The ruin is incorporated in Catherwood's "General View of the Palenque (Chiapas, Mexico)", plate VI of his Views: 'One of the last cities of Old Maya Empire to be erected, Palenque is situated in Chiapas, Mexico - bordering Guatemala and is situated in the Tumbala Hills. The Maya architects placed it at the end of a deep gorge flanked on three of its sides by towering verdured hills. A little less than one thousand feet above sea level, Palenque is intensely tropical. Drawn from a number of different sketches - for the ruins were jungle-covered and offered no panorama - as Catherwood freely admits, this lithograph shows the principal Palenque buildings: the Palacio to the extreme right, enclosing four sunken courts that fashion it into an architectural complex; the Temples of the Sun, the Cross and the Foliated Cross; all stand on high pyramids - dramatised in the illustrations. The Palenque was occupied during the seventh and eighth centuries ...' (V.W. von Hagen, Frederick Catherwood Arch., New York, 1950)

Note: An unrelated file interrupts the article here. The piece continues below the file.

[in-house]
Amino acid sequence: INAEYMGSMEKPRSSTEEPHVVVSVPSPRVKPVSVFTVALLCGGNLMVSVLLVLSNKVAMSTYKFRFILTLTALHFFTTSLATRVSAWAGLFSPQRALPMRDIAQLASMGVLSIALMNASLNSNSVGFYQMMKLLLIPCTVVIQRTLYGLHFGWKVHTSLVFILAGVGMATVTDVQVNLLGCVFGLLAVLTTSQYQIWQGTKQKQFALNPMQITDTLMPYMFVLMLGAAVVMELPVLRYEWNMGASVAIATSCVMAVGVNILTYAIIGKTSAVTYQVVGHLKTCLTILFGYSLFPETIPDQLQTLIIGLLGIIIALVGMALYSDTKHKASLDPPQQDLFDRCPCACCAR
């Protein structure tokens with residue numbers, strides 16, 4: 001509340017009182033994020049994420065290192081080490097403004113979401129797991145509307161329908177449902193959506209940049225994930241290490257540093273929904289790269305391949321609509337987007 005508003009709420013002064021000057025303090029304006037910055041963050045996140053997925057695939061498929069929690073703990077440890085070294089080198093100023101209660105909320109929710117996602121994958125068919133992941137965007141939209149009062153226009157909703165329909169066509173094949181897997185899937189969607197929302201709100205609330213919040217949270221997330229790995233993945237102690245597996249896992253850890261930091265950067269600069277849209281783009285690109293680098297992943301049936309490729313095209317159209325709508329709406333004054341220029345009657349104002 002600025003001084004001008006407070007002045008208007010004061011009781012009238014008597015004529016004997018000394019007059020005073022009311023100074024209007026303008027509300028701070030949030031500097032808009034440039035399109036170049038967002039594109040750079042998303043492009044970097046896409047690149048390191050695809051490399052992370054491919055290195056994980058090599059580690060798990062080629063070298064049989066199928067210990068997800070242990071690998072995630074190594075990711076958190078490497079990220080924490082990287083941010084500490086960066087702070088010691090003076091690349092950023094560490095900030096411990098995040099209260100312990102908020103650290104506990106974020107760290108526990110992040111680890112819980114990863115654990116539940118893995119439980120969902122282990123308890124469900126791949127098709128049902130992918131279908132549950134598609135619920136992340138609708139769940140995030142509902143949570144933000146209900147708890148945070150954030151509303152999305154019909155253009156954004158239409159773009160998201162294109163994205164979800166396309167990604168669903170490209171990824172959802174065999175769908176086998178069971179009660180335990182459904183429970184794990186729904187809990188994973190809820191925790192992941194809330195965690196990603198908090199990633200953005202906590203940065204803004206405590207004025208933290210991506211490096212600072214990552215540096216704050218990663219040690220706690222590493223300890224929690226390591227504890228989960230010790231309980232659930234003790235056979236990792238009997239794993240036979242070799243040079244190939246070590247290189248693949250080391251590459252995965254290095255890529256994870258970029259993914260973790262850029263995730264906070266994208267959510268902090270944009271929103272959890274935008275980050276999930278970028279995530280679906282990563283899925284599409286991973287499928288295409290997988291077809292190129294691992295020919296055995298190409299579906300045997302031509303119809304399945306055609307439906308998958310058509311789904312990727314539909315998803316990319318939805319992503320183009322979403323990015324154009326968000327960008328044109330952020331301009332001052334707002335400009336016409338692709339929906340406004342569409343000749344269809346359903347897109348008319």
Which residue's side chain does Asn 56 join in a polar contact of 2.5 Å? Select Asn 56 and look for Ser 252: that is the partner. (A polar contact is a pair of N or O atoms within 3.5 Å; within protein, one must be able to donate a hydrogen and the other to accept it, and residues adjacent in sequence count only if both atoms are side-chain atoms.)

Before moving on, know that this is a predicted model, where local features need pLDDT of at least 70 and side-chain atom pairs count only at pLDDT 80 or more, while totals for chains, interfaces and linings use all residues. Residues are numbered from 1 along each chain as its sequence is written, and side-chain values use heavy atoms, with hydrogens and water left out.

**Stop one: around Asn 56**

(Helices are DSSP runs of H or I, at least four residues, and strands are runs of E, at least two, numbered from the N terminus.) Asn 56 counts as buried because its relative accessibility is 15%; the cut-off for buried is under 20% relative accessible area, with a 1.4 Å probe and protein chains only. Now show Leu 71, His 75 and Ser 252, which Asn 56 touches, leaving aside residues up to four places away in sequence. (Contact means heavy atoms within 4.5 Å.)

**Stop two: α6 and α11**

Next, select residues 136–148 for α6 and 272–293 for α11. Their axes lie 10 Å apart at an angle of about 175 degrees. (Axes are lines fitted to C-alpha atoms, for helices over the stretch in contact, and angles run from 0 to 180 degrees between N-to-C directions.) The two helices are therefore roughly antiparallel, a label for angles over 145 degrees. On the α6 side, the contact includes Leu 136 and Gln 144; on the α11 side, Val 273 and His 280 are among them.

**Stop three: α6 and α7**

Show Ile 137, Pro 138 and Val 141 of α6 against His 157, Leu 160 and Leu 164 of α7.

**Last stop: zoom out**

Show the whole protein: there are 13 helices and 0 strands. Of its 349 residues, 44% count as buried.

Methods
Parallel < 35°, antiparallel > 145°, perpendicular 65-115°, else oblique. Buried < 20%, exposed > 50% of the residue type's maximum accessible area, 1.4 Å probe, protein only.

Catherwood described the district in his Introduction to Views of Ancient Monuments: "Palenque, in Chiapas, the most southern province of Mexico, is better known than any other of the ruined American cities ... The principal building is (with reason, I think) called the Palace. It stands on an artificial mound, whose base is three hundred and ten feet by two hundred and sixty feet, and forty feet high, with staircases on the four sides. The building itself measures two hundred and twenty-eight feet by one hundred and eighty feet, twenty five feet high, and is of one story. The front and rear have each fourteen doorways, and eleven on each end. The other buildings are of inferior size to the Palace, but all on high mounds, richly decorated with numerous stone tablets of hieroglyphics, and sculptures of figures well executed, which have awakened a busy interest in the antiquarian world."